Google’s announcement of their Chrome OS project has triggered a good deal of speculation about Google’s objectives, and about what the final product might be like. The Technology Review, published by MIT, has an article by Erica Naone, which discusses how some characteristics of Google’s Chrome browser might have implications for the OS project:
The first netbook devices running Chrome OS won’t be released until the second half of 2010, so most users will have to wait until then to find out precisely how the software will work. But that doesn’t mean there aren’t hints out there already, and the biggest clues can be found in Google’s Chrome browser, which the company says will be a key part of the new OS.
As I discussed when the Chrome OS was first announced, Google as a firm makes its money from selling advertising on the Internet, and it is in Google’s interest to get more people to spend more time surfing the Web. So it is no surprise that the company envisions Chrome OS as a Web-centric system, with the user interaction focused through the browser:
Speed, simplicity and security are the key aspects of Google Chrome OS. We’re designing the OS to be fast and lightweight, to start up and get you onto the web in a few seconds. The user interface is minimal to stay out of your way, and most of the user experience takes place on the web.
The Chrome browser does have some significant design differences from more conventional browsers like Mozilla’s Firefox. Because Google is a supplier of Web applications (such as Google Mail and Google Docs), the Chrome browser was designed with running Web apps in mind. One specific significant difference relates to browsing on more than one page or site at a time. Although both Firefox and Chrome can open multiple tabs and windows, in Firefox these are different threads of execution running in the same address space, while in Chrome they are separate processes, each with its own address space. A consequence of this is that, if one session crashes or hangs, it is much less likely to affect other sessions in Chrome than it is in Firefox.
The trade-off, in a conventional OS, is that creating and running separate processes requires more resources than creating and running threads. (In fact, some OS environments call threads “light-weight processes”.) But in an OS built mainly to support a browser environment, all of the process primitives in the OS can be optimized for that environment. That would address one of the things that is clumsy with Web applications today: the combination of browser and conventional OS is not really that good at dynamically adjusting memory allocations as the Web application mix changes.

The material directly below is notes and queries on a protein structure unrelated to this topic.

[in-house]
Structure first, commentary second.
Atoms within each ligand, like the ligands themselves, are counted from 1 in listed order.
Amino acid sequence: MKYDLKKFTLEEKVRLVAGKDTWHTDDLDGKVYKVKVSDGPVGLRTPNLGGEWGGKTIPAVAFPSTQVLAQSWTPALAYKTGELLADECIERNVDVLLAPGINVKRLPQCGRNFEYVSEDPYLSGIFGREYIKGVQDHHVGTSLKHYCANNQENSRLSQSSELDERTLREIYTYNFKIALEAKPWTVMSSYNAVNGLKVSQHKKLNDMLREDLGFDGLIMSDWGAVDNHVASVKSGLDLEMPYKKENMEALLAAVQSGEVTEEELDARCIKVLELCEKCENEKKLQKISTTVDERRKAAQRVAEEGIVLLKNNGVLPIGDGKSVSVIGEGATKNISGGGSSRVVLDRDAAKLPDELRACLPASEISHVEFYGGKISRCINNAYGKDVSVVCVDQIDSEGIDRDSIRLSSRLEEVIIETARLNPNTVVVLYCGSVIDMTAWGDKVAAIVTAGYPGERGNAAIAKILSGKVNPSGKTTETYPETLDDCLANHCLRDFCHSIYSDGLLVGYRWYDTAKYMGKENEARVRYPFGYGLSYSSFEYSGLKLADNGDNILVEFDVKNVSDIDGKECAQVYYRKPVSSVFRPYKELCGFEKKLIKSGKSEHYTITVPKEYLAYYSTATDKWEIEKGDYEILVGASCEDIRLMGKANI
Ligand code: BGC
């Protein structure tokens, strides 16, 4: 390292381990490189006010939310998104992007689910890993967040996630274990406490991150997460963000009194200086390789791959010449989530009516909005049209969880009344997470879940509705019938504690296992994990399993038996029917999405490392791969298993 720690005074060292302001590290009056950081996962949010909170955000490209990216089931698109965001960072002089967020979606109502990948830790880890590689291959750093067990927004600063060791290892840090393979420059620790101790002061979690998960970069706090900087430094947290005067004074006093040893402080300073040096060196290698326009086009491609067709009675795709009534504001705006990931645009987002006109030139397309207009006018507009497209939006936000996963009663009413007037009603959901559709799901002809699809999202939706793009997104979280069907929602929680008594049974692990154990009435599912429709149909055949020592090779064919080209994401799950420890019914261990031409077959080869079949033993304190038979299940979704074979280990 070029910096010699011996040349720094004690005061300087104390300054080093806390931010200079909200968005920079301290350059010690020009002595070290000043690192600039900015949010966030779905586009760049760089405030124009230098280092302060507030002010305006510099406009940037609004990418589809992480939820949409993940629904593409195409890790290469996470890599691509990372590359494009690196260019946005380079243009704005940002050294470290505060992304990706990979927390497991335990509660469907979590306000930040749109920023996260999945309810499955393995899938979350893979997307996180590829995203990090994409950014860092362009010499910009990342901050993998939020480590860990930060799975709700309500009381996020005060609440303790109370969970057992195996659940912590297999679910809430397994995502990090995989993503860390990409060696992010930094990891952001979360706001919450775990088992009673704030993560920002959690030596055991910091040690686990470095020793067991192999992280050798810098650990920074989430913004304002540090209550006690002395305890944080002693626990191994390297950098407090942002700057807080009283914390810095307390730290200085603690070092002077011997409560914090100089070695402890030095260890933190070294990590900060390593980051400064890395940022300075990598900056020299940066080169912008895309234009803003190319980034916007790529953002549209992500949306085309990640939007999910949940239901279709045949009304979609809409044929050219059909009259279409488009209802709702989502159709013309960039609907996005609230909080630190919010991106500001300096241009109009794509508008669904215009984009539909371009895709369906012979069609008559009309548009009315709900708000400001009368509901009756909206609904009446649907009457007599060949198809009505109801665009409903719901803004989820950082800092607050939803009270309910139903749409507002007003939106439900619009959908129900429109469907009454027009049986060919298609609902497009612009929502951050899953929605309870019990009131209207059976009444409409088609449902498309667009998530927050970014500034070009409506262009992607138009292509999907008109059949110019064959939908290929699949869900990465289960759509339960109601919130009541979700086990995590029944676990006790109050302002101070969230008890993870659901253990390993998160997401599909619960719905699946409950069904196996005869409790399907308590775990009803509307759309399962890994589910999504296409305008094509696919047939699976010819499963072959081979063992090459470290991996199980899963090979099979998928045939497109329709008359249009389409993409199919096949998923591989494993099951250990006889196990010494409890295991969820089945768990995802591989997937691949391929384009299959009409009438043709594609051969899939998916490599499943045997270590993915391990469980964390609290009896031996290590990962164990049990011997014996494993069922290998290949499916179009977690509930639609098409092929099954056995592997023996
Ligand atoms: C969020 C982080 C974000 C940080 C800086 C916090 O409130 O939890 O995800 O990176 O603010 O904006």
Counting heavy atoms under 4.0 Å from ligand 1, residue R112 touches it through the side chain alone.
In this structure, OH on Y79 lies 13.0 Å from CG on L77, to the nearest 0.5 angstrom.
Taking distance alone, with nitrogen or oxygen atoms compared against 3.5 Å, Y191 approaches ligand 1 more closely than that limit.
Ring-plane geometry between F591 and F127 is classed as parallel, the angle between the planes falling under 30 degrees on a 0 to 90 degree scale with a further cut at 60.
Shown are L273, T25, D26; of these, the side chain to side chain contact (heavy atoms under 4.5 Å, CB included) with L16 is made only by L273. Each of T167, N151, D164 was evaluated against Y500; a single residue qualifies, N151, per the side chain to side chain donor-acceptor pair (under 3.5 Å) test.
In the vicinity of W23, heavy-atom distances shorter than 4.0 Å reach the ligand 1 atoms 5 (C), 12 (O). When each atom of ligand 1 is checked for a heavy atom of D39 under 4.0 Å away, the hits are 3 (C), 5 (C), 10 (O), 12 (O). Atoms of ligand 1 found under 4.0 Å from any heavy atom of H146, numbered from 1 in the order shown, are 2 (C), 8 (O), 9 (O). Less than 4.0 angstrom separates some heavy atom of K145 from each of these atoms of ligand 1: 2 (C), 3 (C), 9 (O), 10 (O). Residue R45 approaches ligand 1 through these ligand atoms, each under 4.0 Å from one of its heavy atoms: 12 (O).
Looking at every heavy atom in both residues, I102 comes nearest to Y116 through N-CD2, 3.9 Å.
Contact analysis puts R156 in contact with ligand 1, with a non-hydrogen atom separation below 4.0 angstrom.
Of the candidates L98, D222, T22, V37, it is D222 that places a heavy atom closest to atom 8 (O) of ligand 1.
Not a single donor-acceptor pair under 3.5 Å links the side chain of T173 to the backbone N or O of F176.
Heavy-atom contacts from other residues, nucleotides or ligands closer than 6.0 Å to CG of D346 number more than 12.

A major role for the OS is allocating memory to applications and adjusting it as their needs change. A big problem with interactive Web applications to date has been that browsers didn’t have efficient ways to adjust the memory assigned to different Web pages.
If you work with Firefox on Linux (as I do), you will probably have noticed that, a few hours after the browser is started, things begin to slow down if you have many windows and/or tabs open. One of the reasons this occurs is that the browser cannot always reclaim resources completely when a tab is closed, for example. (To be fair to the good folks at Mozilla, this works much better now that it did a couple of years ago.) A resource allocation subsystem built to support a browser should be able to do this much better.
Another factor has to do with the user interface mechanism. Many of the GUI elements used by the browser are in fact supplied by the underlying environment. In Microsoft Windows, the GUI environment is closely tied to the operating system itself, which creates a good deal of complexity. In Unix or Linux, the usual GUI environment is the X-Window System, which is separate from and runs on top of the OS. Although this simpifies some things, X is itself a very complex bit of software. For example, it has been from the beginning a “network aware” interface, which allows one to run an application on one machine and use the display and keyboard of another machine on the network. (We used this almost 20 years ago for remote software demonstrations across town and across the Atlantic.) Once again, a GUI framework tailored to the specific requirements of browser-based applications should be considerably more agile and efficient.
Perhaps the most intriguing possibility is a new type of capability that Google is said to be considering as part of the Chrome OS:
The company is working on an experimental project called Google Native Client that would allow code written in non-Web languages such as C and C++ to run securely in the browser.
Chris Rohlf, a senior security consultant for Matasano Security, which has been involved in testing the implementation of Native Client, says, “It could be Google’s secret weapon when it comes to Chrome OS, because it would allow developers to extend that platform with things like video and graphics without having to wait for Google to implement any of that.”
This has many interesting possibilities: it would, as Mt. Rohlf says, allow the platform to be extended. It might also allow Web applications to utilize specialized application libraries, written in more traditional languages like C or C++, for mathematics, statistics, financial modeling, and the like,
I think this is going to be fun to watch.